Like Resolution, these next two films are highly inventive low-budgeters. I mention them together as they both came to my doorstep via last year's Slamdance. So in that case, despite being very different films, I can't think of one without the other. Frank Rinaldi's Sundowning is a deeply (and at times rigorously) challenging science fiction piece on memory, identity and perception, while Peter McLarnan's The Sound Of Small Things is a lo-fi drama that gradually utilizes experimental techniques to emphasize a couple's disintegrating relationship. It was also the first film I watched after suffering from a bizarre illness that put a hold on movie-watching for a few weeks (to find out more about that read my full review here). Unlike Resolution, it is doubtful that you'll be able to see Rinaldi and McLarnan's films anytime soon as neither have yet to fine a home beyond the festival circuit. My hope is that by mentioning them here, these will be directors you remember for down the line, when they have new films making the festival rounds -- which they both undoubtedly will.
Here are some further thoughts on Sundowning from my review:
Never betraying its roots as a somber and minimalist character study, Sundowning is a wildly adventurous picture, unafraid of contrasting itself, essentially uprooting the medium that it exists in for the sake of exploring the vast psychological depths of perception.
And a couple of snippets from my review of The Sound Of Small Things:
Sam Hoolihan's turn feels like that of a sad clown -- one we would find in an Italian opera, though here he is without his voice (or is it that he now carries a pair of drumsticks instead?). Appearing like a castaway from a Carl Theodore Dryer silent, Cara Krippner moves through each frame with a splintered defiance and curiosity; yearning to experience... and yet... she isolates herself, removes herself so easily. McLarnan's first feature is some kind of mini-marvel. It is a film that filters very nuanced, naturalistic dialog and settings through increasingly experimental means and ways.
For fans of truly independent and exciting cinema, remember the names Frank Rinaldi and Peter McLarnan. Trust me. You'll thank me later. [Update: It's been brought to my attention that SMALL THINGS... is now available to stream through the fair trade film site Seed & Spark. I have not used this service, but if you are interested, here is the link.]
7.) SEARCHING FOR SUGAR MAN
A great music documentary, an incredible true life mystery unraveled before our eyes, and an absolute testament to the good just one man can inspire -- really just a wonderful story in any medium. If you have yet to see Searching For Sugar Man, or are unfamiliar with the story of folk musician Rodriguez from elsewhere, I implore you to not read anything further on the film, the myth or the man behind it. Don't read any reviews, and heaven forbid you watch the trailer. Just take note of the title and if you live in the states, rent the DVD/Blu when it is released on January 22nd. That's it. All I have left to say is: Malik Bendjelloul, you and your crew, the people of South Africa and Detroit, and most of all Rodriguez himself, have shared with the world a story I will carry in deep gratitude and joy for the rest of my life.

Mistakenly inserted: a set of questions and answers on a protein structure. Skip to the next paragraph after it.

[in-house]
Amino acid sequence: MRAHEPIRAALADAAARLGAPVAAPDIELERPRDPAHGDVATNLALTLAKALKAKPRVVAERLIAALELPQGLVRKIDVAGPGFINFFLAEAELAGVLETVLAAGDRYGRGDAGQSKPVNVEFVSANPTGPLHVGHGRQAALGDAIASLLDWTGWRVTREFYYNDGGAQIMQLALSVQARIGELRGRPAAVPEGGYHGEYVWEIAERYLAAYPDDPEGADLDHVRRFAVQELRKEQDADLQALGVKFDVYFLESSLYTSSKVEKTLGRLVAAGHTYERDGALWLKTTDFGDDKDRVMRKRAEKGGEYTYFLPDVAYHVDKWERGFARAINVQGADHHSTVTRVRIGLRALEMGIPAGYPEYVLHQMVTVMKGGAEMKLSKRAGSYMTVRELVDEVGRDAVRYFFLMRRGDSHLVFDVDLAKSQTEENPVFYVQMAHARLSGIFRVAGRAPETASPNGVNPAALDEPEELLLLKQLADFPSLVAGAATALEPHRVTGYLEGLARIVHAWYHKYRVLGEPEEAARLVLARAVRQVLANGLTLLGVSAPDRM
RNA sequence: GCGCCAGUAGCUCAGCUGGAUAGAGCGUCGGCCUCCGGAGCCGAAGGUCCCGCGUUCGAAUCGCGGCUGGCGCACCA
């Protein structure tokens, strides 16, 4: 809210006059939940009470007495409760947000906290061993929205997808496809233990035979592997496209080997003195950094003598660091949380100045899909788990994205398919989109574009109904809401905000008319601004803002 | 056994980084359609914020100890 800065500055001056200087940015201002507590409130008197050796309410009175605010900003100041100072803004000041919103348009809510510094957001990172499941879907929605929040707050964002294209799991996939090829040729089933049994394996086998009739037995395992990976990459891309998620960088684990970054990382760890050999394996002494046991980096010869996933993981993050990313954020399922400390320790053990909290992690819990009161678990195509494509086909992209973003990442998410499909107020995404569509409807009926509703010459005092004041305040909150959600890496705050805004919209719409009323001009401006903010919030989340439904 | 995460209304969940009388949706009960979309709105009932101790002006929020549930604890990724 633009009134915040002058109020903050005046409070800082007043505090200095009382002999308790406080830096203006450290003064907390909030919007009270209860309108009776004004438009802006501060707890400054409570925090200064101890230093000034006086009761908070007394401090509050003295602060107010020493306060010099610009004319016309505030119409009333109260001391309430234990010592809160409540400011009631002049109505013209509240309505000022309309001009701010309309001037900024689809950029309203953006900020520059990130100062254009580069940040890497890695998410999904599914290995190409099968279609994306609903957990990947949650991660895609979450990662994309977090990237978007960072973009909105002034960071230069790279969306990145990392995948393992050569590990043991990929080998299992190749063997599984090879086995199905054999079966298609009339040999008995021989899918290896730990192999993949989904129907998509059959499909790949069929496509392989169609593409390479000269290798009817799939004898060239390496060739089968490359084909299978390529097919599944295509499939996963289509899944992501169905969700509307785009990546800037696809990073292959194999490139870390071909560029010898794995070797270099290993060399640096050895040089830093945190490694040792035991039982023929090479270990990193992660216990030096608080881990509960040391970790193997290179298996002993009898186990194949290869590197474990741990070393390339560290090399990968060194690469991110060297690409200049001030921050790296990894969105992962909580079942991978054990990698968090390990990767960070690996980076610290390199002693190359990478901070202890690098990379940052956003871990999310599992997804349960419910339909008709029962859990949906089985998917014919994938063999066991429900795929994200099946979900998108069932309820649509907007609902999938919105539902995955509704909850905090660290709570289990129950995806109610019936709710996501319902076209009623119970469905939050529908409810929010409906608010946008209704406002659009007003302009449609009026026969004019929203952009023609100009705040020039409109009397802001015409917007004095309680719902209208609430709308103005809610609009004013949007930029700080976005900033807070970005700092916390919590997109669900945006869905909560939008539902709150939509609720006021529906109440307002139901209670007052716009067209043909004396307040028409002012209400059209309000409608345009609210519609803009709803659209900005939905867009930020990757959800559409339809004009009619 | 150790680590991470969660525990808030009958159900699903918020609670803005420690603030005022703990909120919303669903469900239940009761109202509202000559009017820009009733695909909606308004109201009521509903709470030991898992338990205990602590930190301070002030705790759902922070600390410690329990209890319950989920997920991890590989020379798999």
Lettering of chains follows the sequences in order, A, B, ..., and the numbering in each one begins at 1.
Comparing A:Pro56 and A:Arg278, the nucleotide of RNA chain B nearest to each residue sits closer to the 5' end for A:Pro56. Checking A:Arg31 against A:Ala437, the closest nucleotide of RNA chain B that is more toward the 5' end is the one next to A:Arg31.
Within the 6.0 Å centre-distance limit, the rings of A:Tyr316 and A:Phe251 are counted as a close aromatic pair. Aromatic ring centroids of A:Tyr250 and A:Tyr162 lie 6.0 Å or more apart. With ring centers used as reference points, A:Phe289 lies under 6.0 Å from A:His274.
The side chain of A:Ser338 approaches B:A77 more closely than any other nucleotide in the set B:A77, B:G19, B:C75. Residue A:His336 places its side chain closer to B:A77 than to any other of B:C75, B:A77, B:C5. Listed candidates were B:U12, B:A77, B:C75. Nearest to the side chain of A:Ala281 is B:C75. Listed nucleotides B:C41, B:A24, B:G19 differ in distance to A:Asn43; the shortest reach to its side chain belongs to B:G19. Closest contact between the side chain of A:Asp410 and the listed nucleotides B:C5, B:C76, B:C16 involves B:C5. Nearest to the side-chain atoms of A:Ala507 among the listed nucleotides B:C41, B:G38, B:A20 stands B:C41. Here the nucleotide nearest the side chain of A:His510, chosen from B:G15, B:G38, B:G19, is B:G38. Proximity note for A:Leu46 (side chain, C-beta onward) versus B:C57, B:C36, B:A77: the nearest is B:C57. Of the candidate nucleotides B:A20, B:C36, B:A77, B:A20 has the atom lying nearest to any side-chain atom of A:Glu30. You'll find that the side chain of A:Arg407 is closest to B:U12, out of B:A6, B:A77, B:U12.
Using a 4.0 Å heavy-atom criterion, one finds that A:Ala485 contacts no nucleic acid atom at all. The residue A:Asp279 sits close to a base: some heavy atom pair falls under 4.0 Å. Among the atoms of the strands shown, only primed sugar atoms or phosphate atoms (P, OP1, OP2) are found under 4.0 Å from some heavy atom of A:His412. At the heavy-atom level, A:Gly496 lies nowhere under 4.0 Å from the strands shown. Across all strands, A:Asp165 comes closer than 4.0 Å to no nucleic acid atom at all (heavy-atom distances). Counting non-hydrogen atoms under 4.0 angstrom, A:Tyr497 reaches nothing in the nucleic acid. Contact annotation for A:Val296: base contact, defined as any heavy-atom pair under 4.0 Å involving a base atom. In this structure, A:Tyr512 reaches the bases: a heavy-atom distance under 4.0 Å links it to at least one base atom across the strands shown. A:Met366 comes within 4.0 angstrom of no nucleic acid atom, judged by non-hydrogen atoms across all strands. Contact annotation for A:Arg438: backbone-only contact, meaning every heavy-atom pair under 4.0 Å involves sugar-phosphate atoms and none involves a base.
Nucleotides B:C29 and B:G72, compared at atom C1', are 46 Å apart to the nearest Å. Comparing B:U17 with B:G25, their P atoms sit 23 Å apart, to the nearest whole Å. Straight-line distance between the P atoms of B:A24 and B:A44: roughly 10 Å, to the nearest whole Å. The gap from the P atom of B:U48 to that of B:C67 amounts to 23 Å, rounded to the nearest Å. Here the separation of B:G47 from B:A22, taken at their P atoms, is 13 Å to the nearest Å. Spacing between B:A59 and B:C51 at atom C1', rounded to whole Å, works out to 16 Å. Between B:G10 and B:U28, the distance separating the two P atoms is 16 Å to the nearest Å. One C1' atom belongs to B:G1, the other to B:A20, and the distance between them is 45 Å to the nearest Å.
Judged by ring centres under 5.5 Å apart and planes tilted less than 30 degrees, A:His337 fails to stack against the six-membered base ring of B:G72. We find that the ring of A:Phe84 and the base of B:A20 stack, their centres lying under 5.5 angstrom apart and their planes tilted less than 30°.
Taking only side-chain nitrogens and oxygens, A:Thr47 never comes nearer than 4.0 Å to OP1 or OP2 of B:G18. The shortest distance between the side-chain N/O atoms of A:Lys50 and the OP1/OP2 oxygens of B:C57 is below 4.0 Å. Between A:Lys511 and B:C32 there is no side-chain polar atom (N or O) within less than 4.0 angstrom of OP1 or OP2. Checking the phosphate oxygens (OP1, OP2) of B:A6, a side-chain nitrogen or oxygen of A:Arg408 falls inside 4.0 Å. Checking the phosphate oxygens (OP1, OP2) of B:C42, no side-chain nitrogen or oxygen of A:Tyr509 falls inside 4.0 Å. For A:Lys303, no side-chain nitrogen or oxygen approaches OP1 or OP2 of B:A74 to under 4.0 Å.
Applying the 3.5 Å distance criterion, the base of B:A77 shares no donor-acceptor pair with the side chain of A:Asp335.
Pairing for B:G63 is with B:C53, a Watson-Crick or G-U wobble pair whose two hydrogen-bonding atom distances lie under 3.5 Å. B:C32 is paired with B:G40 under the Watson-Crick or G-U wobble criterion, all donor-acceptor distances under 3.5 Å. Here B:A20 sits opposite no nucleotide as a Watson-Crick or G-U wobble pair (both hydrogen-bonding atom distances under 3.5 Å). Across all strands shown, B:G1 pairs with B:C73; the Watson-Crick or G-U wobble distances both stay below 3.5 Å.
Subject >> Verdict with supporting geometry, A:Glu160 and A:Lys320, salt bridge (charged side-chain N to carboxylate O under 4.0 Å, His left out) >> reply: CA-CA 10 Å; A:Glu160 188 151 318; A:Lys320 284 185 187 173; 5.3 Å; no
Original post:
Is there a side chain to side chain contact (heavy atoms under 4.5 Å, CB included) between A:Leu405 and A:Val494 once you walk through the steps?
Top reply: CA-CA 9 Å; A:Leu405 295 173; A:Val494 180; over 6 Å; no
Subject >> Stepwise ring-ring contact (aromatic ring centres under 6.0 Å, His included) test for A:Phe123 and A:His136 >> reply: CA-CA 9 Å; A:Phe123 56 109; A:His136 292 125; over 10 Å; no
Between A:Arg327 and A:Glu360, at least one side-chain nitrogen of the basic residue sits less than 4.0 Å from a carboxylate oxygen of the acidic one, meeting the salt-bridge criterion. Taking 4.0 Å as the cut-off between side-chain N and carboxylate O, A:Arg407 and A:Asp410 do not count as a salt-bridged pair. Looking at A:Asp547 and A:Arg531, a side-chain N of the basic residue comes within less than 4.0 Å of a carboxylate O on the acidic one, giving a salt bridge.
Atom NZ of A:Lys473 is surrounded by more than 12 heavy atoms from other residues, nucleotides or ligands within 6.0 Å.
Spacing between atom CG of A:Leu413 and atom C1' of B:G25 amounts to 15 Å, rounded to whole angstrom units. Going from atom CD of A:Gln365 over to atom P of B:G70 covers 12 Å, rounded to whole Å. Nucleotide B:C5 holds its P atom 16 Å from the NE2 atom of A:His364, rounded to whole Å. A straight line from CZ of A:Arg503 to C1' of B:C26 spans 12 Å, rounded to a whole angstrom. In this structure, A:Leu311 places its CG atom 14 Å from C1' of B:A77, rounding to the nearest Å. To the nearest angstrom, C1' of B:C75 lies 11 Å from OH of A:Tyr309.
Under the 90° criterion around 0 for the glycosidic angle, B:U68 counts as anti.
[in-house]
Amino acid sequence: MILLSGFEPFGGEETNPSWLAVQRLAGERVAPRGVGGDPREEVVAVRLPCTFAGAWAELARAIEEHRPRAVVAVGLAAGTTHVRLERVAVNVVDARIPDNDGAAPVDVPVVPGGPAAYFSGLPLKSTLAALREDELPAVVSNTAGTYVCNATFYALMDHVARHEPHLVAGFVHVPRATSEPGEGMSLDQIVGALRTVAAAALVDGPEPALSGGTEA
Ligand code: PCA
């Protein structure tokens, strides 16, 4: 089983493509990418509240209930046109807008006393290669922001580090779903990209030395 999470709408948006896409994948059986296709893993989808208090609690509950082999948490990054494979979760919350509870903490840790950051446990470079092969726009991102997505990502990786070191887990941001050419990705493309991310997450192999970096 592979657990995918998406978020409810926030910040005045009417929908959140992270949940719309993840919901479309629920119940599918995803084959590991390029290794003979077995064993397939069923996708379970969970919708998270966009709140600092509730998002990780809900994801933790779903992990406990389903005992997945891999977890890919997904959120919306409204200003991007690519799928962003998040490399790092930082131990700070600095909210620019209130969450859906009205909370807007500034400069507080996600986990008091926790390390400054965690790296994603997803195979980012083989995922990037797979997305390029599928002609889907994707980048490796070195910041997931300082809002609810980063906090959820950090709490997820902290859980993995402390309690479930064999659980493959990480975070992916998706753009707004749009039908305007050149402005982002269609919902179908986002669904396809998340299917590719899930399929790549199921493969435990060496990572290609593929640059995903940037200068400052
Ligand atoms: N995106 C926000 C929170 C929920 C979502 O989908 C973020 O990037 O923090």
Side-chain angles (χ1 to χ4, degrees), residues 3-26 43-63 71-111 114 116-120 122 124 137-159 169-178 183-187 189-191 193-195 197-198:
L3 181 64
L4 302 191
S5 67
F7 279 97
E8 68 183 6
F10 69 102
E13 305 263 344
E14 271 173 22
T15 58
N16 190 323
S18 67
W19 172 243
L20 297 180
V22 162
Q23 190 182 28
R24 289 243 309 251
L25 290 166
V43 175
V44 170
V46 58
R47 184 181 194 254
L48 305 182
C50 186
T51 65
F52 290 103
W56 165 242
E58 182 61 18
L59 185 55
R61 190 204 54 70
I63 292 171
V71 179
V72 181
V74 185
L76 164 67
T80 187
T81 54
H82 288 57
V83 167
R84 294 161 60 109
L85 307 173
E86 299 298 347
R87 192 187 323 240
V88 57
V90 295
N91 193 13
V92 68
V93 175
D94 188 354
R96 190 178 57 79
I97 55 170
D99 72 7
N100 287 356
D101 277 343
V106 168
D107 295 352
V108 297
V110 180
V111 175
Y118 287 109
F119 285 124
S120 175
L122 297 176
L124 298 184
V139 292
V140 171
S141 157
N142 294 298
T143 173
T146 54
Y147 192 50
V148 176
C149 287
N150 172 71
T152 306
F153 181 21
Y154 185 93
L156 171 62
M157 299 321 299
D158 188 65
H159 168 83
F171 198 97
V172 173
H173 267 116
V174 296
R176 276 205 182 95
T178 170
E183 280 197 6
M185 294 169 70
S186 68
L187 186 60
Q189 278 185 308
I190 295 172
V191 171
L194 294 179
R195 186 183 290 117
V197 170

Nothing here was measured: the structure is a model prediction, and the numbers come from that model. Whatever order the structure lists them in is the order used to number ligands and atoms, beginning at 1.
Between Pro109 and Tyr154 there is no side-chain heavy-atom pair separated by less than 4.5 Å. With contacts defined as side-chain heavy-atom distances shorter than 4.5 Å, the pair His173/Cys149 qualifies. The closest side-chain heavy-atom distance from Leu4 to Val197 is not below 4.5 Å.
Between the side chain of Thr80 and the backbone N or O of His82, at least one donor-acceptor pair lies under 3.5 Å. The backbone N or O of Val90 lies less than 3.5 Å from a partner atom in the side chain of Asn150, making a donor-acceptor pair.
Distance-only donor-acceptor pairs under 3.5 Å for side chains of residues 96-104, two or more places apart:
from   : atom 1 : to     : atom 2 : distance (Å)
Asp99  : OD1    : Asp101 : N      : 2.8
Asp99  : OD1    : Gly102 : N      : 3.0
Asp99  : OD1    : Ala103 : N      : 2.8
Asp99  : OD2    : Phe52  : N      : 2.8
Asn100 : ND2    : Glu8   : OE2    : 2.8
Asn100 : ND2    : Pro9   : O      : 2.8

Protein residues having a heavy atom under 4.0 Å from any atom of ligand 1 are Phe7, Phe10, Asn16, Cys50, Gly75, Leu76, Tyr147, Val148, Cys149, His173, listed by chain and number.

6.) THE MASTER
Joaquin's Phoenix plays Freddie, a scoundrel and a drunkard; a seaman adrift in Post-war America, who finds himself welcomed into the inner circle of the charismatic, commanding, and contradictorily ungrounded mess of genius that is Philip Seymour Hoffman's Master, an L. Ron Hubbard type polymath. It was quite the event last fall to see these performances play out in 70mm, with a rapt audience. The Master is a sweeping, grandiose love affair between the id and the super ego: ferocious and splendid, wily, and silly, nightmarish, subtle and colorful. One performance doesn't work without the other. The film is as dreamy and wayward with time and the senses as it is formal and precise. Paul Thomas Anderson strays further and further from the traditional narrative path and it is mesmerizing to watch.
5.) GOODBYE FIRST LOVE
Mia Hansen-Løve is one of the most nuanced, gentle and understated directors working today, and what she achieves with her third feature is nothing short of miraculous. With a fine co-creator in the beguiling Lola Creton, she beautifully captures that moment when one moves from adolescence into young adulthood, in all its joy and heartache. Her trust and belief in the then 16-year old Creton to play Camille across an 8-year period (15-22) allows for this magic to arise almost effortlessly. This rare occurrence is what makes the film so quietly profound.
Contemplative Cinema at its very best, Goodbye First Love is currently available Stateside on Netflix Watch Instantly.
2012 was the year I discovered German director Christian Petzold and the so-called Berlin School of filmmaking. Often meditative works on post-wall Germany with echoes of genre, these are politically and socially minded films absent of rhetoric. Petzold's filmography, from the economic nightmares of Yella to the wayward youth of Ghosts, largely explores the structures and systems people choose to exist in, or try and escape from. Petozld's cinema is a cinema of haunted people in haunted places. Barbara exemplifies this tenfold.